There’s plenty of evidence out there that we should stand more and sit less (Google it if you don’t believe me) and the topic has also been featured in the mainstream press, e.g. the New York Times, wired.com, the Huffington Post and Forbes. Some more intrepid souls than me have even rigged up treadmills under their standing desks, to combine standing with constant exercise. I took to my standing desk like the proverbial duck to water, though I know some people find them a bit weird at first.
Anyway, the thing about getting a standing desk – when most of your colleagues still sit all day – is that you need to maintain a cheery sense of humour as there are a few FAQs. For example:
– Don’t you get tired, standing all day? No. Realllly? No.
– Don’t your legs/feet ache? No. I keep several pairs of shoes at the office and alternate between them. I think this helps. Or you could get a rubber mat.
– Why would you want to stand all day? Rather than sharing my family’s horrible cardiovascular history with random strangers, I opt for sharing the research. I do work with science nerds, after all! I try to keep up to date with research on the topic so I can forward references if asked. – Haven't you heard that standing gives you varicose veins? Well, yeah. But given a choice between varicose veins and heart disease I'd choose the veins any day. (BTW, I don't have varicose veins. It has been seven years so you'd think they would have shown up by now.)
Since getting a standing desk my blood sugar has returned to normal. Woo hooooo! On the fence about standing desks? I recommend giving one a go. They’re great.
A café we frequented in Sydney (alas, long gone) used to serve an addictively yummy granola. It was crunchy, nutty, and not excessively sweet, and I wondered if I could make something similar. Well ... can't claim it is the same, but this recipe (adapted from one received from a friend) is well worth a try:
6 tablespoons (real) maple syrup
2 tablespoons butter
2 cups rustic rolled oats (not the quick-cooking variety)
2/3 cups nuts of your choice (almonds, hazel nuts and pecans work well)
1/3 cup shredded coconut
Preheat oven to 180 degrees Celsius. Melt the maple syrup and butter together in a saucepan but don't let the mixture boil. Mix the oats, nuts and coconut together in a bowl. Combine all ingredients, then spread out on a non-stick baking tray. Bake for 20 to 30 minutes, stirring a couple of times.
This is far too decadent (read: sugary and buttery) for everyday use, but makes a wonderful weekend breakfast treat or edible gift. Store in an airtight container once completely cooled.
It's been almost six months since we moved into our 'new' house, and people have been so generous! The garden had been neglected for years and I declared, to all and sundry, that we planned to weed, weed, weed and to reintroduce fruit trees, vegetable plants, shrubs and flowers. Several people have given us garden tools and gloves. A neighbour connected me with plant breeders selling feijoa trees and gooseberry bushes. One friend showed up with a tray of tomato seedlings, and another brought a cute wee lime tree! Today the lovely Chinese lady I tutor in English asked if I wanted some winter melon plants. I'm not even sure what winter melons are, but said 'sure, why not?'! Thanks everyone.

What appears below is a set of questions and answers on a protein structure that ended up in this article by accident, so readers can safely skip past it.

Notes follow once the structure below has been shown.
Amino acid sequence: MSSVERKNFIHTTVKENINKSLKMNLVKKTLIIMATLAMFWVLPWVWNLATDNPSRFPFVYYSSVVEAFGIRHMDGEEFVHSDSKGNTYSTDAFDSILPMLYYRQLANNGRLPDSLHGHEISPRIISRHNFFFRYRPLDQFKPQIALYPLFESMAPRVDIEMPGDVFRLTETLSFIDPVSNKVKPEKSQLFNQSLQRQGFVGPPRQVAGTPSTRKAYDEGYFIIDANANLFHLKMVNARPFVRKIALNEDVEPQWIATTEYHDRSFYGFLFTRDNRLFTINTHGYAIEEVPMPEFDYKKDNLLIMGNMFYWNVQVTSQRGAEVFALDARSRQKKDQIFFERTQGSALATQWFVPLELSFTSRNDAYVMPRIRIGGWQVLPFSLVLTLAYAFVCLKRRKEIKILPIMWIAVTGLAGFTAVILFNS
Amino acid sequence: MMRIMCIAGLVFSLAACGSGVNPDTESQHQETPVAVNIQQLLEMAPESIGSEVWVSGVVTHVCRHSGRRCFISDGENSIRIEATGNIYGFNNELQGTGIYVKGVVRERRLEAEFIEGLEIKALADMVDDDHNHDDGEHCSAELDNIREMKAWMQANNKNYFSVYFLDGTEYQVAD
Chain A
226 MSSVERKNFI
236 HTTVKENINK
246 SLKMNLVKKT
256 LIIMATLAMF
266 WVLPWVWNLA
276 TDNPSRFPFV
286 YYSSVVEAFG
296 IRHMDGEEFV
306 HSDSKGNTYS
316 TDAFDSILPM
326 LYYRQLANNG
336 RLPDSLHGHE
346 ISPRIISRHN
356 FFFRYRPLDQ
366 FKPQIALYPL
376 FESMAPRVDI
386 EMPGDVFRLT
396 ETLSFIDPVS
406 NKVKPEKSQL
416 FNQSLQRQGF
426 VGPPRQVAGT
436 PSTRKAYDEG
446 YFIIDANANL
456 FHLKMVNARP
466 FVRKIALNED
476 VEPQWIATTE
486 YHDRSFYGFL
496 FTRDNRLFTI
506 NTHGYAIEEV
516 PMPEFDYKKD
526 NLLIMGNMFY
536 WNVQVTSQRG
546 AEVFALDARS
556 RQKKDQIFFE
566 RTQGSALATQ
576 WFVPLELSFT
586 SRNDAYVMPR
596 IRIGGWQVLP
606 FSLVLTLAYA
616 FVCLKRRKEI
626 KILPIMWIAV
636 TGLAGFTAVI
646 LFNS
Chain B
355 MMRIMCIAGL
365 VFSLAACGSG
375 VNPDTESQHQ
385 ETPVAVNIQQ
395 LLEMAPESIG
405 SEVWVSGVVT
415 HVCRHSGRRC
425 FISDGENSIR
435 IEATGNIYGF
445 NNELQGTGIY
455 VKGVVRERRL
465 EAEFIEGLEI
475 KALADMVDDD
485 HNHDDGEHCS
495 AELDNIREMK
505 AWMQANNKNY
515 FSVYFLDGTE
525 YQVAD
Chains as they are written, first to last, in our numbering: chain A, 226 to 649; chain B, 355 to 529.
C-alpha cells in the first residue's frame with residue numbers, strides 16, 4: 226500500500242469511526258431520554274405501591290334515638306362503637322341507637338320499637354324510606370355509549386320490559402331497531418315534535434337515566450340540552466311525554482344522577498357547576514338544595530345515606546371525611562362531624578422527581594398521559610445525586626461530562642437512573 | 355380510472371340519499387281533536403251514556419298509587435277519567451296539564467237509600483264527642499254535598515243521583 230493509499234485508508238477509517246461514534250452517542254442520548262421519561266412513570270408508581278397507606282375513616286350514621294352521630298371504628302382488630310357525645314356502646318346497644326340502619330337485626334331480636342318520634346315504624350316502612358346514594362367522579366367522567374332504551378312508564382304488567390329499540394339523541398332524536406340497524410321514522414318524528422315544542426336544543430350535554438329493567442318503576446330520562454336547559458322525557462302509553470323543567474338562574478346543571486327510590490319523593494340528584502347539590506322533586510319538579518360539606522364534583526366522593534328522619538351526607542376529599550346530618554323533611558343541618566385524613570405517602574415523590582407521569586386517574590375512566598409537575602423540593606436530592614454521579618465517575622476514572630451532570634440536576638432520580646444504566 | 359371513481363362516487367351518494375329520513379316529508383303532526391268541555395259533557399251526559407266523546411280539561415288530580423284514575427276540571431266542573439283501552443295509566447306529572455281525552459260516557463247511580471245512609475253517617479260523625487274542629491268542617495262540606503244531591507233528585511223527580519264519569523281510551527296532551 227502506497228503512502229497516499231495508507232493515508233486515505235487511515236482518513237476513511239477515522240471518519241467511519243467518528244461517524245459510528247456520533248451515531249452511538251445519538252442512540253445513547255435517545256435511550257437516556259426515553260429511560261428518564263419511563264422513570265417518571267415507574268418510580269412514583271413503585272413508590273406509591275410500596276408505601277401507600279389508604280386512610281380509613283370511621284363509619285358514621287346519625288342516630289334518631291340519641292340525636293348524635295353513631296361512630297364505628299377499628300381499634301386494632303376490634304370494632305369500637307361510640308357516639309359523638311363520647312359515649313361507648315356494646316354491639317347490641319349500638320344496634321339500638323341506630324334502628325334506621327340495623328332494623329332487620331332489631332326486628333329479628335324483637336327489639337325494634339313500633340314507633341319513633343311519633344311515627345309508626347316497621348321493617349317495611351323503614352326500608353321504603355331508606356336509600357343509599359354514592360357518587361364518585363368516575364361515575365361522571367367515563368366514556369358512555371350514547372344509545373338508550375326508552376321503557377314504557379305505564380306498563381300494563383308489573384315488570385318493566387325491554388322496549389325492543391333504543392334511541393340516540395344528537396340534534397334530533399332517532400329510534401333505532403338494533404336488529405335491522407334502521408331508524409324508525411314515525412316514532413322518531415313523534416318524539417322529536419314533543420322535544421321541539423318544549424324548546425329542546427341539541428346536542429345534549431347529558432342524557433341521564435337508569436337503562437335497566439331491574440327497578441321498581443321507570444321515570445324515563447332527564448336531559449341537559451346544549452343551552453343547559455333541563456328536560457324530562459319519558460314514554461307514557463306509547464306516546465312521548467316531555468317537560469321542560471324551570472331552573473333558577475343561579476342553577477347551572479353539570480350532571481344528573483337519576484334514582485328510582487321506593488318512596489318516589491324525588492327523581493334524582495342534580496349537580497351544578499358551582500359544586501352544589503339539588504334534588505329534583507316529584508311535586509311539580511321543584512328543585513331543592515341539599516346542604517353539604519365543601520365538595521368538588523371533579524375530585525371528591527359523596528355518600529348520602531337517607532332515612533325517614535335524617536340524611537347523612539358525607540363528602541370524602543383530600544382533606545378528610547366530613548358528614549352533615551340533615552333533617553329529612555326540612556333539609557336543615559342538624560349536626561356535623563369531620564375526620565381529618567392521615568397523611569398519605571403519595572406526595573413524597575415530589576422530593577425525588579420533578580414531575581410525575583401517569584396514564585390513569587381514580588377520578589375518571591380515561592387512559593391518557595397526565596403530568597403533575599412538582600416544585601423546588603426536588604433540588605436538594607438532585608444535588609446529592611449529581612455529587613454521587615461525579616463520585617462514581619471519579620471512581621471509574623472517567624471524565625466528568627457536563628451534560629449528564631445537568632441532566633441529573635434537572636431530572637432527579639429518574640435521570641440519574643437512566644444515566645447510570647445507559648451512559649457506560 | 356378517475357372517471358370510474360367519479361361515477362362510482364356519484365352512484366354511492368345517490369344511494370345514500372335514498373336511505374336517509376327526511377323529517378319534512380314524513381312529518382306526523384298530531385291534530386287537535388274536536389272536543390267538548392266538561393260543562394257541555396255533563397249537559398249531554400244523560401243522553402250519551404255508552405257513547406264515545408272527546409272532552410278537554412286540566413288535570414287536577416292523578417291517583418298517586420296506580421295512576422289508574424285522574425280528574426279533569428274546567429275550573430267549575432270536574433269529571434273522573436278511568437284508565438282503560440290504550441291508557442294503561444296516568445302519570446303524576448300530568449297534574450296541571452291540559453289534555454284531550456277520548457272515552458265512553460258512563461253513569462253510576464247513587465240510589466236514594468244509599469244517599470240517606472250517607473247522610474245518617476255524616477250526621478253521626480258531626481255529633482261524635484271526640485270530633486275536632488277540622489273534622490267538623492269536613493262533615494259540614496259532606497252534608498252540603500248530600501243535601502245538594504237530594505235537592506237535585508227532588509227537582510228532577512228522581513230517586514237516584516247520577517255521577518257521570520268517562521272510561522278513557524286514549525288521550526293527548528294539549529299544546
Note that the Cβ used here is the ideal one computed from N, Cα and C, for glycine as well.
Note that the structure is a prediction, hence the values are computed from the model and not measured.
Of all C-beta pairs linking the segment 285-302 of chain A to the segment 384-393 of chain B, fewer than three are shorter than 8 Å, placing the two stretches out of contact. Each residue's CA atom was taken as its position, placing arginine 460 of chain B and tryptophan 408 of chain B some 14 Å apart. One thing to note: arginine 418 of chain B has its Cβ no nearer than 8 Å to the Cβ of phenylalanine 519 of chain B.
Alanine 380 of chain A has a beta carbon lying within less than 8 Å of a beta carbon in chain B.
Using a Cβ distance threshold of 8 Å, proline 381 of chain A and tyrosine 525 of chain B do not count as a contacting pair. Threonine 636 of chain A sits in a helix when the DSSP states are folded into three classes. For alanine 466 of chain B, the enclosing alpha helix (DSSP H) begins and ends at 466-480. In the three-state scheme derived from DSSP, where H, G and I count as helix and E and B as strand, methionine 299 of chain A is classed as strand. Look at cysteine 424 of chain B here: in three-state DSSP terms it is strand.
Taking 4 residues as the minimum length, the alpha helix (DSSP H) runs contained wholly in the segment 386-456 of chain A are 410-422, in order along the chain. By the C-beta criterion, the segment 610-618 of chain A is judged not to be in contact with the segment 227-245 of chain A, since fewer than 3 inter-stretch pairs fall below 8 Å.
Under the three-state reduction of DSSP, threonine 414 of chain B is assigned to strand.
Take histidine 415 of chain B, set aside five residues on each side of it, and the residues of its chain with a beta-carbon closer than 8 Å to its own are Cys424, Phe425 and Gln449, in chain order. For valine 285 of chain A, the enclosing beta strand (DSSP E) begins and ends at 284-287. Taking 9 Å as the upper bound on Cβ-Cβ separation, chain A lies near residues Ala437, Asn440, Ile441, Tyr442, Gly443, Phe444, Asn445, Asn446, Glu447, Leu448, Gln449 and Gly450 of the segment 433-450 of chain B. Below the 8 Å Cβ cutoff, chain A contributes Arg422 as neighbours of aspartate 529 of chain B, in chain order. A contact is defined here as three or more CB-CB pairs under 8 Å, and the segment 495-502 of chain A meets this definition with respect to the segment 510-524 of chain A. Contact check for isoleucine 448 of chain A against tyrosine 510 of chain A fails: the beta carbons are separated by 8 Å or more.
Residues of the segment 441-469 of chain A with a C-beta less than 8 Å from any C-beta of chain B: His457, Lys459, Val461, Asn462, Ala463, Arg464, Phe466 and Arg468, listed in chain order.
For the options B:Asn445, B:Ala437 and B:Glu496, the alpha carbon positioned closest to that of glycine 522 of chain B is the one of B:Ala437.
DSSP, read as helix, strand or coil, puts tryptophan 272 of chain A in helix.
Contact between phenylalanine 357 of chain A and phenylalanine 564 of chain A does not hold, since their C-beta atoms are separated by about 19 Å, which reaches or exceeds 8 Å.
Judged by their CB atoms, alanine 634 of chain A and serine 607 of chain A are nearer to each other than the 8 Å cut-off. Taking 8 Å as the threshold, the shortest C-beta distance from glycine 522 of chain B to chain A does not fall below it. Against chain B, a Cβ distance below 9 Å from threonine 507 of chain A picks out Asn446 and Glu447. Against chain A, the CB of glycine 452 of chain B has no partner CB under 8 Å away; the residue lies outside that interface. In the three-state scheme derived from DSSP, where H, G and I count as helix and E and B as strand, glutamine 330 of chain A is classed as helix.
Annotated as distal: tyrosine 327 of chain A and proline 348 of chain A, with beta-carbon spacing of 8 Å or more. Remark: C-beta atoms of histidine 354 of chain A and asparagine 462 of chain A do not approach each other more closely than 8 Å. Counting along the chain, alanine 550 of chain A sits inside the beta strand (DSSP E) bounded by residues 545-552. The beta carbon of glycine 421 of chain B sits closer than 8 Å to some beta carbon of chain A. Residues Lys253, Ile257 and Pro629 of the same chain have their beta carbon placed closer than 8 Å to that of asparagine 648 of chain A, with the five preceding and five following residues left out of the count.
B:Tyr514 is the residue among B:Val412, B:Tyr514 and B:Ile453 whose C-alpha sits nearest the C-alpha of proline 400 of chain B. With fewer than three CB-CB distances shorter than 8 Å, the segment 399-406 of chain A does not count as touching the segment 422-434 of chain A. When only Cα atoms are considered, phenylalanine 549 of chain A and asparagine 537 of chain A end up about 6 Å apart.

I first encountered yum cha (and Chinese egg tarts) at the iconic Marigold Restaurant in Sydney's Chinatown in the early 1990s. The yum cha lunch, featuring all sorts of intricately crafted dumplings, filled buns, unusual vegetables, spring rolls and spicy delights was a revelation in itself ... but the Chinese egg tarts afterwards were magnificent! So I've been mildly obsessed with egg tarts ever since. They're hard to find in Canberra (more on that shortly) but when in larger cities I make a beeline to Chinatown to satisfy my cravings. Dixon Street in Sydney, Little Bourke Street in Melbourne, and almost anywhere in Singapore are good places to search for them.
As far as I know there's no place in Canberra where you can buy authentic Chinese egg tarts separately; I've only found them as part of yum cha lunch menus. About a year ago Andrew and I went out for yum cha with eight friends. As usual I quietly counted down 'til the end of the meal, in anticipation of egg tarts. To our dismay, the servers only brought three tarts to the table, saying they'd run out! Very disappointing. We made a mental note to try somewhere else next time ... and did so yesterday . Once again, we enjoyed all sorts of delicious morsels (and they were delicious) and eagerly awaited dessert. This time there were only two egg tarts. To be shared among a table of nine people. And when we asked for more they said there were no more available. I'm puzzled. Are egg tarts somehow rationed in this town? The arrangement with yum cha is that the diners pay for each dish ordered, so we were willing and able to pay for more egg tarts. Many, many egg tarts! Another dozen would have been about right. We were at an early lunch sitting, too, so wondered whether everyone who dined after us missed out on the tarts altogether. It's a mystery. If you happen to be reading this, and happen to have any insights (or know where I can buy egg tarts in Canberra without signing up for a full yum cha lunch) please let me know in the comments.
Another winner from the Sydney Markets recipe collection! I confess I simplified it, using just microwaved beetroot chunks, baby spinach, goat's feta, toasted pecan nuts and a splash of balsamic vinegar.